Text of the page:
Sports and Equalities Minister Helen Grant has called out for closing the gap between women and sports, but caused a storm by suggesting that a Zumba class may be the answer, reports Hanna Ibraheem

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In an interview with The Telegraph this week, MP Helen Grant noted that despite the gender gap between the number of men and women in sport falling from around 2.2 million to about 1.8 million it’s still a “pretty big difference”.

She went on to say that we need to get more women into sports and the only way to do this is to ask women what they want, whether it be new facilities or more access to a wider range of sports. So far, so good. But then things took a rather unnecessary turn. Ms Grant said: “We really need to take a step back and actually ask women what they want and give it to them.”

She added: “That can be whether it’s a Zumba class or a game of Rounders after they’ve dropped the kids off.” The whole female gender just got placed into two categories: Zumba lovers and mothers - and this just a day after learning that the number of women in work in Britain has hit a record high.

Digging the hole further, she went on to suggest that women try different sports, like “gym, ballet and cheerleading”. She argued that sport can be feminine and we can still participate in activities while looking “radiant”.

“You don’t have to feel unfeminine,” said Ms Grant. “There are some wonderful sports which you can do and perform to a very high level and I think those participating look absolutely radiant and very feminine such as ballet, gymnastics, cheerleading and even roller-skating.”

Anti-sexism campaigners have criticised her views, saying the MP seems more concerned with looks rather than talent. Sadly, her comments seem to show why the gap is there in the first place.

Laura Bate, founder of the Everyday Sexism Project, said: "It's really the wrong approach to suggest that the only way for women to get involved in sports is to be girly and feminine. It's actually discouraging for a minister to say this."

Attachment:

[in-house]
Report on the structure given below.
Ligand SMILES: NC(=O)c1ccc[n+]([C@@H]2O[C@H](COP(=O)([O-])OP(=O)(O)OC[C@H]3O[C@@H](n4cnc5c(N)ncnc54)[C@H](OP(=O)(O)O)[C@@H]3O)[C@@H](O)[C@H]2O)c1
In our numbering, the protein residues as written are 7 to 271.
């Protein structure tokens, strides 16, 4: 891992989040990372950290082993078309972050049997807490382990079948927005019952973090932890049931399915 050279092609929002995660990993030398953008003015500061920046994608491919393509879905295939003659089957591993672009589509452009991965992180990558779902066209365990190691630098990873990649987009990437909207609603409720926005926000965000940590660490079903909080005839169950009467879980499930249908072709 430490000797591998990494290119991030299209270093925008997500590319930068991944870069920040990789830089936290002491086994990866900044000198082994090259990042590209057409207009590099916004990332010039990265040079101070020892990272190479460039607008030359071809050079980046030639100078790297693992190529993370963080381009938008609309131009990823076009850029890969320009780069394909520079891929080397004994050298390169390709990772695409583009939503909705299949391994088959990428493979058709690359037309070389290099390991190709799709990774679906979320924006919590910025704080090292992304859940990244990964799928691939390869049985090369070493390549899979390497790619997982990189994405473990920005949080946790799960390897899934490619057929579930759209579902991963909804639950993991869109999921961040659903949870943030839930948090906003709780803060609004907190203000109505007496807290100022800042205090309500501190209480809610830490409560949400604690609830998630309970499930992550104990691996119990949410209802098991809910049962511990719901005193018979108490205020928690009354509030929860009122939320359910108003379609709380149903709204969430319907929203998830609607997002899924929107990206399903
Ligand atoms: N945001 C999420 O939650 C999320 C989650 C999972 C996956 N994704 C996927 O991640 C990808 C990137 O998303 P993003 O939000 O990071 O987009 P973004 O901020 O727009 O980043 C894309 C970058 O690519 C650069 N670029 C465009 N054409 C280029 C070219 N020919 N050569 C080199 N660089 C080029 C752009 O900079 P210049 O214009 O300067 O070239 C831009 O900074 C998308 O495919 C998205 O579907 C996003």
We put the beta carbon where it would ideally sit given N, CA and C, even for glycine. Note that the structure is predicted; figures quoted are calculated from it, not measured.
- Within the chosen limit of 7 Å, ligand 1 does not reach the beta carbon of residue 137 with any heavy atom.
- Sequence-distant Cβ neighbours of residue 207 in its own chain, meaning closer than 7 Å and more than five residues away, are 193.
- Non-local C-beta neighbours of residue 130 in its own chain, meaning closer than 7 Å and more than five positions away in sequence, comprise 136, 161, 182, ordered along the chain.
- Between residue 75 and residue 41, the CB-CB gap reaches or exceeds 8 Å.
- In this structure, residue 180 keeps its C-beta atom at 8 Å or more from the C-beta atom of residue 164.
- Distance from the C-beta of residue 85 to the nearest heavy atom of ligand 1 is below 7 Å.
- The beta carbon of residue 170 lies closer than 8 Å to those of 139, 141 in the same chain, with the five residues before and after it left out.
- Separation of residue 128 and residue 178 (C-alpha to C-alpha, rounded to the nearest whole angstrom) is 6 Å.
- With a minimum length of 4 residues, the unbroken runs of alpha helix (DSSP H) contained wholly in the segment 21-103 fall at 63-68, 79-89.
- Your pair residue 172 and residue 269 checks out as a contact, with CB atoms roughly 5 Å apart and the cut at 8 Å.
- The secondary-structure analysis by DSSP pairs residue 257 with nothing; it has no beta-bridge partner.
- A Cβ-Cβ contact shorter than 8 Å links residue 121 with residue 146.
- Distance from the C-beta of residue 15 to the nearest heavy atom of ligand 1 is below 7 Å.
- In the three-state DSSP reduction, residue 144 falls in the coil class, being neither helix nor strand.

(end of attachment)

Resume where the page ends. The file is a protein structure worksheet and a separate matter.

"With our great athletes performing fantastically at the Olympics, we still see media outlets focusing on the looks and femininity, which the comments seem to do too."

A spokesperson for the Department for Culture, Media and Sport also commented: "It is nonsense that the minister suggested women's participation in sport should be based on looks.

“The point is that there is a sport or physical activity out there for all women. For some it will be tennis or football, for others judo or dance. Women decide what they want to do based on their interests and own lives and that choice is up to them."

Encouraging ‘feminine’ sports would only widen the gap and may take the choice of entering ‘masculine’ sports away from young girls.Though worrying about looks is one possible factor that prevents women from feeling confident about taking part in sport, it was an unfortunate one to focus on when commenting on it could in fact enforce the idea of the need to look good even further.

Ms Grant defended herself on her Twitter page, writing: “Was making the point that there is a sport or type of physical activity out there for all women. For some women it will be traditional sports like tennis or football, for others extreme sports like freestyle skiing and for others dance.”

Women more than proved themselves at the 2012 London Olympics, with Jessica Ennis, Victoria Pendleton and Rebecca Adlington becoming household names after their medal success in male-dominated sports. Then there was Nicola Adams who claimed the first ever Olympic women's boxing Gold medal - it was definitely an event for the ladies. Even Sochi saw history this month at the 2014 Winter Olympics when Britain’s Jenny Jones, Lizzy Yarnold and women’s curling team brought home medals. Though these victories have felt somewhat short lived.

When the England women’s cricket team won their Ashes test match against Australia, there wasn’t much hype. Then there was the Twitter incident with Beth Tweddle . And most recently, Rebecca Adlington has had nose surgery after being the victim of continuous taunts and abuse. It is clear that sexism is rife in sports and things need to change. Fast.

In her interview, Ms Grant did agree that behavioural attitudes towards women in sport need to change.

She said: “I think we need to get to the point where women’s sport is looked on and regarded as equal to the men’s game. When we get to that point that’s when we get the balanced coverage.

“To get to that point, we need certainly the media to do more, we need more finance, more businesses getting involved through sponsorship and we needs sports governing bodies and others and schools to be very innovative with ways to get our girls involved.”

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